My answer to this was also yes. As a scientist, I have yet to see any demonstration of Ki that doesn't have a plausible scientific explanation.

Therefore, what I could call potentially the most problematic concept in Aikido (or many other Asian martial arts) was really no issue at all.

Are there religious undertones to Aikido? Of course. O-sensei made that perfectly clear anytime he talked about Aikido. His religious philosophies influenced every aspect of the art. However, is it necessary for me to agree with O-sensei's religious philosophies in order to practice good Aikido? Absolutely not.

DAVE

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Old 05-21-2003, 06:00 PM   #49
Jeff R.
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Quote:
Dave Miller wrote:
This is something that I have wrestled with as a Christian who practices Aikido.
In practicing Aikido, there is no religious boundary. O'Sensei may have exercised Shintoism as his form of worship, but the method of reverence is irrelevant to the core of spirituality.

The common thread that binds all religions is Spirit. It doesn't matter how you connect with it, as long as you find the purity of it and can live in a state of physical and spiritual equalibrium. O'Sensei wanted everyone to follow the tenets of simple truths:

Show respect to all life

Preserve all life

Cut through the evil in the world with spiritual purity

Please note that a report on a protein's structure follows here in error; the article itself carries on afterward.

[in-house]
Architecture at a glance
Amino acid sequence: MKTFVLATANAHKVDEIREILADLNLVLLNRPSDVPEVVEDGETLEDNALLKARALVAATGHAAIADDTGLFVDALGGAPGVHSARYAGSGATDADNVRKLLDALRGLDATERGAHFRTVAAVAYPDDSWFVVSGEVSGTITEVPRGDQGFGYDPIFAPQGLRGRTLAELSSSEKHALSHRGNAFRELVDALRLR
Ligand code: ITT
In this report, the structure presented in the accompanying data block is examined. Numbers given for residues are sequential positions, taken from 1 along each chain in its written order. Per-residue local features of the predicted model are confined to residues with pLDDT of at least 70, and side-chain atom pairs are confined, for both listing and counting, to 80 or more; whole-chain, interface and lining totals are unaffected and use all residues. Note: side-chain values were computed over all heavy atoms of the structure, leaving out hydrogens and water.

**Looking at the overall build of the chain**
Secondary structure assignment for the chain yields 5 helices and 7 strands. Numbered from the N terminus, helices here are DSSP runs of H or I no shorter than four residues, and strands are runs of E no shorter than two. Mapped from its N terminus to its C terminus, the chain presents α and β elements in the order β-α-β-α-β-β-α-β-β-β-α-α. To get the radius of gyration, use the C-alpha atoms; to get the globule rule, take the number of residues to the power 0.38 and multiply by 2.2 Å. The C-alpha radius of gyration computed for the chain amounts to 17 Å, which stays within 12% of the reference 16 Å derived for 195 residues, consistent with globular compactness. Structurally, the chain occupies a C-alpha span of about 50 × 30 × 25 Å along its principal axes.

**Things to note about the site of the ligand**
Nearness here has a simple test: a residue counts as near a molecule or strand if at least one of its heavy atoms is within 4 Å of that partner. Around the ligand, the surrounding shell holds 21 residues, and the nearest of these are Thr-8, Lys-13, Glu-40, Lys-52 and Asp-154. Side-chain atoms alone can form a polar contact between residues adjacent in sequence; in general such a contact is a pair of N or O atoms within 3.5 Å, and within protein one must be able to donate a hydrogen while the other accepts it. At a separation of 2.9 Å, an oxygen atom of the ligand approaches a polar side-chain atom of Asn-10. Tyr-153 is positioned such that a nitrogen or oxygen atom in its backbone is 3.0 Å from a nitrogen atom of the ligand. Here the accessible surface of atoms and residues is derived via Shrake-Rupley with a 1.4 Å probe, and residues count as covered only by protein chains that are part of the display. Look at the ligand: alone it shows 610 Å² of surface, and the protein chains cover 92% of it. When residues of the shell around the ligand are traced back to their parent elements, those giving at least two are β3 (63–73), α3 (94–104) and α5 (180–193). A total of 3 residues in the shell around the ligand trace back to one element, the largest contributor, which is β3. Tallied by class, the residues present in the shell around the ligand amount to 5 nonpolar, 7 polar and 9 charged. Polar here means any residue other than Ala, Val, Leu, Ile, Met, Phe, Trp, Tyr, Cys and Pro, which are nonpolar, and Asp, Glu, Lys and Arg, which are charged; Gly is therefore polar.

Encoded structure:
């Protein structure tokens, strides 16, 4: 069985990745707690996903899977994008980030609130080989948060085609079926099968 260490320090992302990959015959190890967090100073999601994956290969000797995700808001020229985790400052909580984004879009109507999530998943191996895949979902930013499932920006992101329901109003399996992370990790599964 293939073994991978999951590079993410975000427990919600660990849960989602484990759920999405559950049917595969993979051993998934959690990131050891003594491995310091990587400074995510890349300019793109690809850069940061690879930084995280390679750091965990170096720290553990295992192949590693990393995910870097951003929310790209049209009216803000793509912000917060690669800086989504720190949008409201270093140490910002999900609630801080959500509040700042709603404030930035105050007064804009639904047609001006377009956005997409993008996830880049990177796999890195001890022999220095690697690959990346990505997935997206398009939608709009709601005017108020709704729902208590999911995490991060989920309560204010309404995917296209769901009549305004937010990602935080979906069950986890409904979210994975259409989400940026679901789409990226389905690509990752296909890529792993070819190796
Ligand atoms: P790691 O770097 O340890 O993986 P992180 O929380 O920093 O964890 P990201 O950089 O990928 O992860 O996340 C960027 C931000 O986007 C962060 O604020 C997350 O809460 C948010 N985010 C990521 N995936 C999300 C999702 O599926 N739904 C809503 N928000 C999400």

Quote:
The only concept that I had to come to terms with is Ki. Ki is, at it's heart, a Budhist notion.
Maybe by the name "Ki" (and I think even that isn't necessarily true), but Ki in it's purest form has and will exist forever by no name at all.
Quote:
The first question I had to ask was:
  • Can I, in good consciense as a Christian, involve myself in something that is steeped in Budhist philosophy?
My answer was yes. The reason is that, for the Christian, any Truth that is really true must, by definition, come from God.
Though I call it by a different name: THANK YOU, THANK YOU, THANK YOU!!
Quote:
The second question I had to ask was:
  • Can I do Aikido without the notion of Ki?
My answer to this was also yes. As a scientist, I have yet to see any demonstration of Ki that doesn't have a plausible scientific explanation.
Aikido cannot be done without Ki. In fact, without Ki, we couldn't exist.

Trying to find a name or identity to Ki is creating lots of confusion and concern.

Ki can't be measured, seen, felt, smelt etc., but its effects exist. Once again, it is similar to unconditional love:

The more you give, the more comes to you;

You can't hold on to it or store it or it will do you no good.

It is a Universal Truth, and only works if we let it flow through us unobstructed;

A good portion of its efficacy rests in the faith that it is real;

Trying to find it makes it disappear; it just IS.

Exercise and extend your Ki with conviction; feel its awesome power--just smile.
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Old 05-21-2003, 06:36 PM   #50
Dave Miller
 
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Quote:
Jeff Rychwa (Jeff R.) wrote:
Aikido cannot be done without Ki. In fact, without Ki, we couldn't exist...

It is a Universal Truth, and only works if we let it flow through us unobstructed;

A good portion of its efficacy rests in the faith that it is real... it just IS.
Somehow, I would venture a guess that there are many a good Aikidoka who would choose to disagree with that notion. There are plenty of Aikidokas who are quite gifted in their art who don't believe a word of what you said about Ki. By your statement, they have no "efficacy" so far as Ki is concerned and yet their Aikido still works.

It's not often that I have seen someone say something with such conviction while shrouding it in a veil of "it can't be disproven so just believe it".


DAVE